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SCULPTURE. cc00000000000o ANTIQUE. c00000ccoc. MUSÉE FRANÇAIS.

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Les symboles qui pourraient faire regarder cette figure comme étant une statue de Cérès sont l'ouvrage d'un restaurateur moderne, et par conséquent ne prouvent rien autre chose que son ignorance, puisque le caractère de la tête indique visiblement un portrait; on a cru que ce pouvait être celui de Julie Semea, mère d'Héliogabale, mais un examen plus attentif y a fait reconnaître sa seur Julie Mammée, mère d'Alexandre Sévère. Cette princesse fut massacrée à Mayence en 235; elle avait eu plusieurs entretiens avec Origène, pour connaitre les principes de la religion chrétienne.

La tête ayant été séparée, quelques personnes ont pensé que peut-être elle n'appartenait pas à la statue; elles ont cru y voir un travail plus parfait que dans le reste , ce qui pourrait également s'expliquer par le soin qu'aurait mis le statuaire luimême à terminer la tête, tandis qu'il aurait pu ne pas retoucher le reste du travail.

La draperie de cette statue est ce qu'on peut trouver de plus parfait pour la souplesse, la vérité et l'élégance des plis : la per: fection avec laquelle elle est exécutée fait voir qu'elle appartient au siècle d'Adrien; le nez, les deux mains et les deux pieds sont restaurés.

La statue, en marbre de Carrare, vient de la villa Borghèse; elle est maintenant au Musée français.

Haut., 5 pieds.

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The emblems, by which this statue might be considered as that of Ceres, are the work of a modern restorer, and consequently are only proofs of his ignorance; since the character of the head indicates decidedly that of a portrait; it has been thought to be that of Julia Semias, the mother of Heliogabalus: but, after a more attentive examination, it appears to be her sister Julia Mammea, the mother of Alexander Severus. This princess was murdered at Mayence in 235: she had many conferences with Origen, for the purpose of learning the principles of the christian religion.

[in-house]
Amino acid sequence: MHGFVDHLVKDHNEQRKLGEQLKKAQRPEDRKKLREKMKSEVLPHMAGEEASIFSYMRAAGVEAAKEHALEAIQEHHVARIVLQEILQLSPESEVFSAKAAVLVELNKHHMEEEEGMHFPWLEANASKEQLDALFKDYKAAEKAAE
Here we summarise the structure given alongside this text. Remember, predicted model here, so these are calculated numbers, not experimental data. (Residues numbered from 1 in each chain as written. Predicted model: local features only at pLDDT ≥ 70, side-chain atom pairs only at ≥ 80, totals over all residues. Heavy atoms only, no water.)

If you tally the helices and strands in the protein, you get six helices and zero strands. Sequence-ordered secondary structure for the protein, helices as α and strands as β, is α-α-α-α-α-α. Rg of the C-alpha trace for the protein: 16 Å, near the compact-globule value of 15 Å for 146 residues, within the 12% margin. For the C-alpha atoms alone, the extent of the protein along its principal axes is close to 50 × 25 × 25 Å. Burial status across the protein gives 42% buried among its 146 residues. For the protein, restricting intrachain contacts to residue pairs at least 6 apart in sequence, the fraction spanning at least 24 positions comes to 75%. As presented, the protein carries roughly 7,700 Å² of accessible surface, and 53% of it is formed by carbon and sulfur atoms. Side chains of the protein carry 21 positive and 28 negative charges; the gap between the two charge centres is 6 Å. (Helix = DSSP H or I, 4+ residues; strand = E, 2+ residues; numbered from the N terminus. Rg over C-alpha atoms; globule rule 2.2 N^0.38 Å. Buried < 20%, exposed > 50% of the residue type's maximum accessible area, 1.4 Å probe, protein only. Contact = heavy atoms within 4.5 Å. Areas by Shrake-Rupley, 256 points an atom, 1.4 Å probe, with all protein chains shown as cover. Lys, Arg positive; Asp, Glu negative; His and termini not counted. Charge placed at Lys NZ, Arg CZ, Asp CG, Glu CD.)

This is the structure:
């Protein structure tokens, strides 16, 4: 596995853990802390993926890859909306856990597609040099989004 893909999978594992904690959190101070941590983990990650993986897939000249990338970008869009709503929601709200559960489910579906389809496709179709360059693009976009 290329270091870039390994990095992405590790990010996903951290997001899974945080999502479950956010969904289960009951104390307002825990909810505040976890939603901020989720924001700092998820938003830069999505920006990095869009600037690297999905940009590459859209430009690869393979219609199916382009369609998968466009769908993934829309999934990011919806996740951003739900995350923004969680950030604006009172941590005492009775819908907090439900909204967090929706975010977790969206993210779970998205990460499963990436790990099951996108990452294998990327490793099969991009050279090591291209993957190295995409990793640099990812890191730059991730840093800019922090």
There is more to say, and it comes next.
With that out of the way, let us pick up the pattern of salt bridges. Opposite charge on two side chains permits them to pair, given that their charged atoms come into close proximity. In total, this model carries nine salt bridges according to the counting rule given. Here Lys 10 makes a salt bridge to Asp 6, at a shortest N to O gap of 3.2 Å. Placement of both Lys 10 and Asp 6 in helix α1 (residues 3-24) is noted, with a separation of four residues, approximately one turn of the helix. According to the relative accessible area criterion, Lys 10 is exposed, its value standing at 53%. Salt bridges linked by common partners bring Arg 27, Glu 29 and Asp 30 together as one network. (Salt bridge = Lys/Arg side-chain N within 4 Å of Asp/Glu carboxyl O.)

The head having been separated, some persons have believed that it did not belong to the statue; they have considered it of a superior workmanship to the rest, which may easily be explained from the sculptor having given a greater finish to the head, while he might not have gone over the remainder of the work.

The drapery of this statue is perhaps the finest that can be found, for its flowing case, and for the truth and elegance of its folds : the perfection with which it has been executed shows that it belongs to the age of Adrian; the nose, the hands, and the feet have been restored.

This statue, in marble of Carrara, came from the villa Bore ghese; and is now in the french Museum.

Height, 5 feet 4 inches.

NEAPOLITAN SCHOOL. 00.00. J. RIBERA. Coocoo PRIVATE COLLECTION.

ST. SEBASTIAN.

This saint was born at Narbonne of parents originally from Milan; he was a captain in one of the companies of the pretorian guard; which did not prevent his following the catholic religion. The society of the faithful, which had formed itself even in the palace of Diocletian and without his knowledge, was however soon betrayed : several of them suffered martyrdom. When, denounced by Torquatus, a faithless companion, Sebastian was recognised as the chief : the emperor ordered him to be immediately taken to a field near the city, by a band of archers, who bound him to a tree, and pierced his body with their arrows. The following night, Irene having gonethither to bury the martyr, was much surprised to find him still alive; she carried him off; and none of his wounds being mortal, Sebastian was soon cured. But, a few days afterwards ihe holy martyr presenting himself before Diocletian, in the hope to convert him, the emperor again ordered him to be put to death, and his body to be cast into the common sewer.

Joseph Ribera, called Spagnoletto, has represented this scene in the most pathetic manner. The saint, in despite of his bodily sufferings, is upheld by his confidence in God; the females assisting him are depicted full of compassion. This most finely coloured picture, the chiar-oscuro of which is wonderfully effective, is, moreover, remarkable by a sublime expression in the head of St Sebastian. On the stone to the right, upon which the martyr's arm is leaning, is written: Joseph Ribera de Spagnolel F.

This picture belongs to marshal Soult, and has not yet been engraved. Width, 7 feet 7 inches; height, 5 feet 6 inches.

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